7 min read

The Human Trust

The Human Trust

AI is simply incompatible with civil rights—but it doesn’t have to be that way. Just as with a lawyer or a doctor, we must have a right to AI acting solely on our behalf.

The FT just published my op-ed on this subject, an excerpt from my upcoming book, How to Robot-Proof Yourself.

In it, I detail the civil rights argument for data trusts. It's an argument that has inspired me to found my own nonprofit data trust called The Human Trust. But it's not the only argument. Below, I also offer the economic and human development arguments for data trust.

Give it a read and think hard about the world in which you wish to live. It's time for us to explore an entirely new social contract around AI and data, Fiduciary AI.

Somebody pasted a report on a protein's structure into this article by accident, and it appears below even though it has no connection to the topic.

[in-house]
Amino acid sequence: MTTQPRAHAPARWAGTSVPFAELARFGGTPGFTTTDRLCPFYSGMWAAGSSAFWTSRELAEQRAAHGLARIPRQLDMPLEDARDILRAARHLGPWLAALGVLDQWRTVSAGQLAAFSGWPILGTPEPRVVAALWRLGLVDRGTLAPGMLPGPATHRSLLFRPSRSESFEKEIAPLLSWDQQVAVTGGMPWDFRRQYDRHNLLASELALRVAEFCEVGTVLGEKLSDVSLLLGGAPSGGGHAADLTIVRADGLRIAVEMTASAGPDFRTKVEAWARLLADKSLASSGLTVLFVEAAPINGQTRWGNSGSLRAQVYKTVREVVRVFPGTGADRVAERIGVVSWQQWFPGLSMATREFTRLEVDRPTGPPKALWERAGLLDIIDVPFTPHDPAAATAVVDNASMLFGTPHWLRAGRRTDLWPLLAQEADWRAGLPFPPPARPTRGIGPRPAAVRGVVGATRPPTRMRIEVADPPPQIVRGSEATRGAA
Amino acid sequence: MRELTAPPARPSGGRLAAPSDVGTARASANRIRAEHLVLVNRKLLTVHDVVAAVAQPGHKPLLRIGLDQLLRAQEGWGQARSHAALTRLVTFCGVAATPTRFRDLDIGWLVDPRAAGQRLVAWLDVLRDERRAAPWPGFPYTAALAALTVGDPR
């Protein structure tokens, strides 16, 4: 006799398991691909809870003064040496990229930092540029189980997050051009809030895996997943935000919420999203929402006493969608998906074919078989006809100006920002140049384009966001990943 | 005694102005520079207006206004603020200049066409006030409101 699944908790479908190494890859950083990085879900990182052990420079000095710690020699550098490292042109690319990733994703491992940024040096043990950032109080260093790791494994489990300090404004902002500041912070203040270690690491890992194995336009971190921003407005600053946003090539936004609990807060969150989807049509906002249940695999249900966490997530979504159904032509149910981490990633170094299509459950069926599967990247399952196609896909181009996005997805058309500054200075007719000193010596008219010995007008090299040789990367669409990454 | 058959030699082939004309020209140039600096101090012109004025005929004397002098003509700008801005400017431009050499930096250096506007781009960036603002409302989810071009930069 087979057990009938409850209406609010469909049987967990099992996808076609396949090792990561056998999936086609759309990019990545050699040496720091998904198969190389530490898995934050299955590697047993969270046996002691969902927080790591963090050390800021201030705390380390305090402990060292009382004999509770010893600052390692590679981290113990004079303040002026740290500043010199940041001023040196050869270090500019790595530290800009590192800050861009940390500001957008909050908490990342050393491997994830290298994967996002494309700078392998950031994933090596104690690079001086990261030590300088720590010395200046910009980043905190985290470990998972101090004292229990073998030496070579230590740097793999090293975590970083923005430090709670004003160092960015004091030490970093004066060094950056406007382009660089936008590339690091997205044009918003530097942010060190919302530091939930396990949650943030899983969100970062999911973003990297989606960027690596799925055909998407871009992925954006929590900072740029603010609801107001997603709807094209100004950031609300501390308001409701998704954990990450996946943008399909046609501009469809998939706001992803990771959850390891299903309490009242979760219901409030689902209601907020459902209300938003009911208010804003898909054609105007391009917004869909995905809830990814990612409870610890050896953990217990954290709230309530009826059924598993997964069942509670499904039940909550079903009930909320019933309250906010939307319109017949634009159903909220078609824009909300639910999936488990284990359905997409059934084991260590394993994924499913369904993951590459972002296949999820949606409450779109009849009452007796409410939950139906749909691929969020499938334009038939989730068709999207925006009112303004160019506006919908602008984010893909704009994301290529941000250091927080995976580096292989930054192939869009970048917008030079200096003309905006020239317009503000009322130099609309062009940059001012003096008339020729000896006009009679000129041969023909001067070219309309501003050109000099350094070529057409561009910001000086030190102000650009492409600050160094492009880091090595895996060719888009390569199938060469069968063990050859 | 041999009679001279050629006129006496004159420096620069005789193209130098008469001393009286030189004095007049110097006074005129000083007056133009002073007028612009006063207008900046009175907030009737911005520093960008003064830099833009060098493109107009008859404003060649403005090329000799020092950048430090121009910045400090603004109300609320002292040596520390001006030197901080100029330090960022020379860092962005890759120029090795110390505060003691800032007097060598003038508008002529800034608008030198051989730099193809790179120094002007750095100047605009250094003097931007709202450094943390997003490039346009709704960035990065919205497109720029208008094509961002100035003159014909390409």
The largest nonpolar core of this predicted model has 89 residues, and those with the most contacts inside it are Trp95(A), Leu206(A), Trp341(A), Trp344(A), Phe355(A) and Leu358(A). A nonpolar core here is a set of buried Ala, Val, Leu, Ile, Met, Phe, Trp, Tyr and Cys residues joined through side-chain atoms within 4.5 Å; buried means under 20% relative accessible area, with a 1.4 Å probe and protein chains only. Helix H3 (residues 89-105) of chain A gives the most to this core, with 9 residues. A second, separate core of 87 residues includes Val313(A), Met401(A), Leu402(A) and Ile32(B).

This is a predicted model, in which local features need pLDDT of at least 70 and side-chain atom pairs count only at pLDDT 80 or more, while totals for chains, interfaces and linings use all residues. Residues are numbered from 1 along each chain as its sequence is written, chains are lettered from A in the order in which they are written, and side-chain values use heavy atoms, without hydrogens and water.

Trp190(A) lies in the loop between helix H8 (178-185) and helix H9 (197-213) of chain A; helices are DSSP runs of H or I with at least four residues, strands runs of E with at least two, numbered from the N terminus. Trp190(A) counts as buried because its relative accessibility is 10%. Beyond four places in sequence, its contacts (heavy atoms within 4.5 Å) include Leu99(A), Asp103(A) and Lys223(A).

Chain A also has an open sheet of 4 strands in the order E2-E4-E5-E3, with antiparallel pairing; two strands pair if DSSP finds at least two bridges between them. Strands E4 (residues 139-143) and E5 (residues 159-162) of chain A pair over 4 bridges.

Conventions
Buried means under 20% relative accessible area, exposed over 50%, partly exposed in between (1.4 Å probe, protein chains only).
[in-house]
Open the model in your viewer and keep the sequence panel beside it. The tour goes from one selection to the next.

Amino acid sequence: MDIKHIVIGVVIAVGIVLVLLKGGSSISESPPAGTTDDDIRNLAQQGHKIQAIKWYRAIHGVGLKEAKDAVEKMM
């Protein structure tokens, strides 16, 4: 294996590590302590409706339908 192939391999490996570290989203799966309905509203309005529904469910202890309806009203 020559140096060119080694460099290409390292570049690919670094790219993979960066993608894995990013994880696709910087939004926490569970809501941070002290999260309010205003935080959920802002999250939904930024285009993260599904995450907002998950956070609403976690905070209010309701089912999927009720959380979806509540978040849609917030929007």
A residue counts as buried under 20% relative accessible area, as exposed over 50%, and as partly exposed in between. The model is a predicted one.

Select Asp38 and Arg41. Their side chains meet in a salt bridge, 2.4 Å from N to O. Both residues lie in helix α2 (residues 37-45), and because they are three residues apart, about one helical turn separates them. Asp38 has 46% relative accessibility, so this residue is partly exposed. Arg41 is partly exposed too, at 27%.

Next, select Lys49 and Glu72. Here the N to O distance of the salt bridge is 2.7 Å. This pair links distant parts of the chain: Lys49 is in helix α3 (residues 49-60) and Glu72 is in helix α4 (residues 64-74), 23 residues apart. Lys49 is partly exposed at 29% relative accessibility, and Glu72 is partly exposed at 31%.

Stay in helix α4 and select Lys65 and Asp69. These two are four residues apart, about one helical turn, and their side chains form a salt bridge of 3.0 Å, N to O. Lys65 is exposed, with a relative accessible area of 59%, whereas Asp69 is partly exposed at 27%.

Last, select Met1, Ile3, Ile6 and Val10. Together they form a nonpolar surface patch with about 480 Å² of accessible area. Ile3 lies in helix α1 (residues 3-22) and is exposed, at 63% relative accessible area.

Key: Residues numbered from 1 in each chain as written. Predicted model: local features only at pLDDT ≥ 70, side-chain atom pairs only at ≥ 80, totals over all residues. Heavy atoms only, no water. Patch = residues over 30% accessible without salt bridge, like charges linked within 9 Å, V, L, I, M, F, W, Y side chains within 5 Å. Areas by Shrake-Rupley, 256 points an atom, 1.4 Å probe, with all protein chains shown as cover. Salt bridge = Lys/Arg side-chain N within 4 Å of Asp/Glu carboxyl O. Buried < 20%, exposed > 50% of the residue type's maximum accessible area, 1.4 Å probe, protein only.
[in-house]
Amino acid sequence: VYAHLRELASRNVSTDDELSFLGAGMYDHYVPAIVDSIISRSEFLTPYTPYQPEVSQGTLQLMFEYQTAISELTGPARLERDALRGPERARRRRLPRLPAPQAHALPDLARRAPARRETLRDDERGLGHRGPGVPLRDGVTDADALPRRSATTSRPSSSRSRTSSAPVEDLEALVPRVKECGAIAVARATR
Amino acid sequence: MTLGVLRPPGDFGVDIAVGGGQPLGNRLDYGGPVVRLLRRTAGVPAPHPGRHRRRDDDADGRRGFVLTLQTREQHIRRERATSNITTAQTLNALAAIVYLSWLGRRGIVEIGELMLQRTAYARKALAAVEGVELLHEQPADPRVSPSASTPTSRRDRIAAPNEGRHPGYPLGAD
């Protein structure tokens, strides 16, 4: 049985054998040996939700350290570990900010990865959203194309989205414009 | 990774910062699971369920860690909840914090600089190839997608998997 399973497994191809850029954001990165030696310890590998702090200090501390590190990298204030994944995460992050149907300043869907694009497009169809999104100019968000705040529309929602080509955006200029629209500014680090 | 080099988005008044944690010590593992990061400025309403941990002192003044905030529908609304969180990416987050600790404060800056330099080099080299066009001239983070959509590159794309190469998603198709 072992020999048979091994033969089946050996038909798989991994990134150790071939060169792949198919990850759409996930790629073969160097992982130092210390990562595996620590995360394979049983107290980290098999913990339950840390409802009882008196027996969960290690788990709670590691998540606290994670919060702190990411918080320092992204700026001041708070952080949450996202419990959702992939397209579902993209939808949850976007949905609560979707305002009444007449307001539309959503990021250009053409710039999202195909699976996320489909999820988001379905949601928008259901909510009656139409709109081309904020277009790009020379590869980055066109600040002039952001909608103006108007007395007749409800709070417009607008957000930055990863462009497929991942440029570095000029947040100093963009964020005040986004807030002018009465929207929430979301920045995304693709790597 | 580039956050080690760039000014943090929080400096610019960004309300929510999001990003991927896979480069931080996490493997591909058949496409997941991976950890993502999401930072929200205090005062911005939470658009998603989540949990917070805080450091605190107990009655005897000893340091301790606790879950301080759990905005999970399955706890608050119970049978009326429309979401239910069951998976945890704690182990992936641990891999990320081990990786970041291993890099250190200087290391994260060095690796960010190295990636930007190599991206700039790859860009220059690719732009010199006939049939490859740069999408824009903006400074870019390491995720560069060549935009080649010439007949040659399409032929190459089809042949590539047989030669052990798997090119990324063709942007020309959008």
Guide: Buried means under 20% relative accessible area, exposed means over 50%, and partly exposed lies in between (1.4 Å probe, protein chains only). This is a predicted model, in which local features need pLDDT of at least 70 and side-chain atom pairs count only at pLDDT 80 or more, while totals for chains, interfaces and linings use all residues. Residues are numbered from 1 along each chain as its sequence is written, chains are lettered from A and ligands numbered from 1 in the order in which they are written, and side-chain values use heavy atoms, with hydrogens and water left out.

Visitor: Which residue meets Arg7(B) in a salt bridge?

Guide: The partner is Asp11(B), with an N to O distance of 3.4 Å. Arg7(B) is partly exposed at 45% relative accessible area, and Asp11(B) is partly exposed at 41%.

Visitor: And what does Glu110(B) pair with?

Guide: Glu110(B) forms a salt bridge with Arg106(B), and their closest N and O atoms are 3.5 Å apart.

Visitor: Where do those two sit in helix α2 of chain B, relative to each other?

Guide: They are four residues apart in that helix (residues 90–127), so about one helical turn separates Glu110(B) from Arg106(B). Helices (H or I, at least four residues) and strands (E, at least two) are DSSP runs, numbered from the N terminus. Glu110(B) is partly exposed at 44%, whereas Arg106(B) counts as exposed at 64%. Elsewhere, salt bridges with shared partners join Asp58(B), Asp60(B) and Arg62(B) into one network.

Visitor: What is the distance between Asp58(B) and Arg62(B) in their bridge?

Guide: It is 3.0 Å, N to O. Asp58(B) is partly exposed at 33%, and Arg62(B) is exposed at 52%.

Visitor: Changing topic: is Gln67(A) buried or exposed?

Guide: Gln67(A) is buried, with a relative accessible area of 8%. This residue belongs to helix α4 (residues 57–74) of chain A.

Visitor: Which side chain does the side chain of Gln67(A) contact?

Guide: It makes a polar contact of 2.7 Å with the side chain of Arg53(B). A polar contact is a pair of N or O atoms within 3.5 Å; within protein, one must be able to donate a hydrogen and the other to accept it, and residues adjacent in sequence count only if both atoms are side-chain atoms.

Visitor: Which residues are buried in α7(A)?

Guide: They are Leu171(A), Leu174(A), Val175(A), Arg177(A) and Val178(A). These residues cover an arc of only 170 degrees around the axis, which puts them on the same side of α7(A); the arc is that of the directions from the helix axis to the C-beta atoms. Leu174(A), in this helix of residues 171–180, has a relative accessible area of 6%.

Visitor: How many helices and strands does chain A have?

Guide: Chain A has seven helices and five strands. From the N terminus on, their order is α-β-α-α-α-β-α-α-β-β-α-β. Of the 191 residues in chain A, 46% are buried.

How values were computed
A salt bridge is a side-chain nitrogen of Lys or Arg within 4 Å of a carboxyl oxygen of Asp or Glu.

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The Economic Argument

I hate pitch competitions. The wrong teams win, and too many aspiring entrepreneurs seem to take their stylitics notes from Shark Tank and synchronized swimming. And yet, I’m asked to judge them on a semi-regular basis. The biggest trend I’ve noticed over the last couple of years is every startup—BioTech, EdTech, HRtech, AItech—is pitching their unique and proprietary dataset as defensible IP. Because no one else has access to their magic data, no one else can build the AI driving their company. When I hear this argument I hear, “It doesn’t matter how good our product is because we have a monopoly on the data.”

Datasets as a defensible business strategy is a classic example of a market coordination failure. Rather than the market determining the best possible products in each industry based on the value add of the product (and AI), startups and industry giants alike are hiding their data from one another for fear of getting scooped.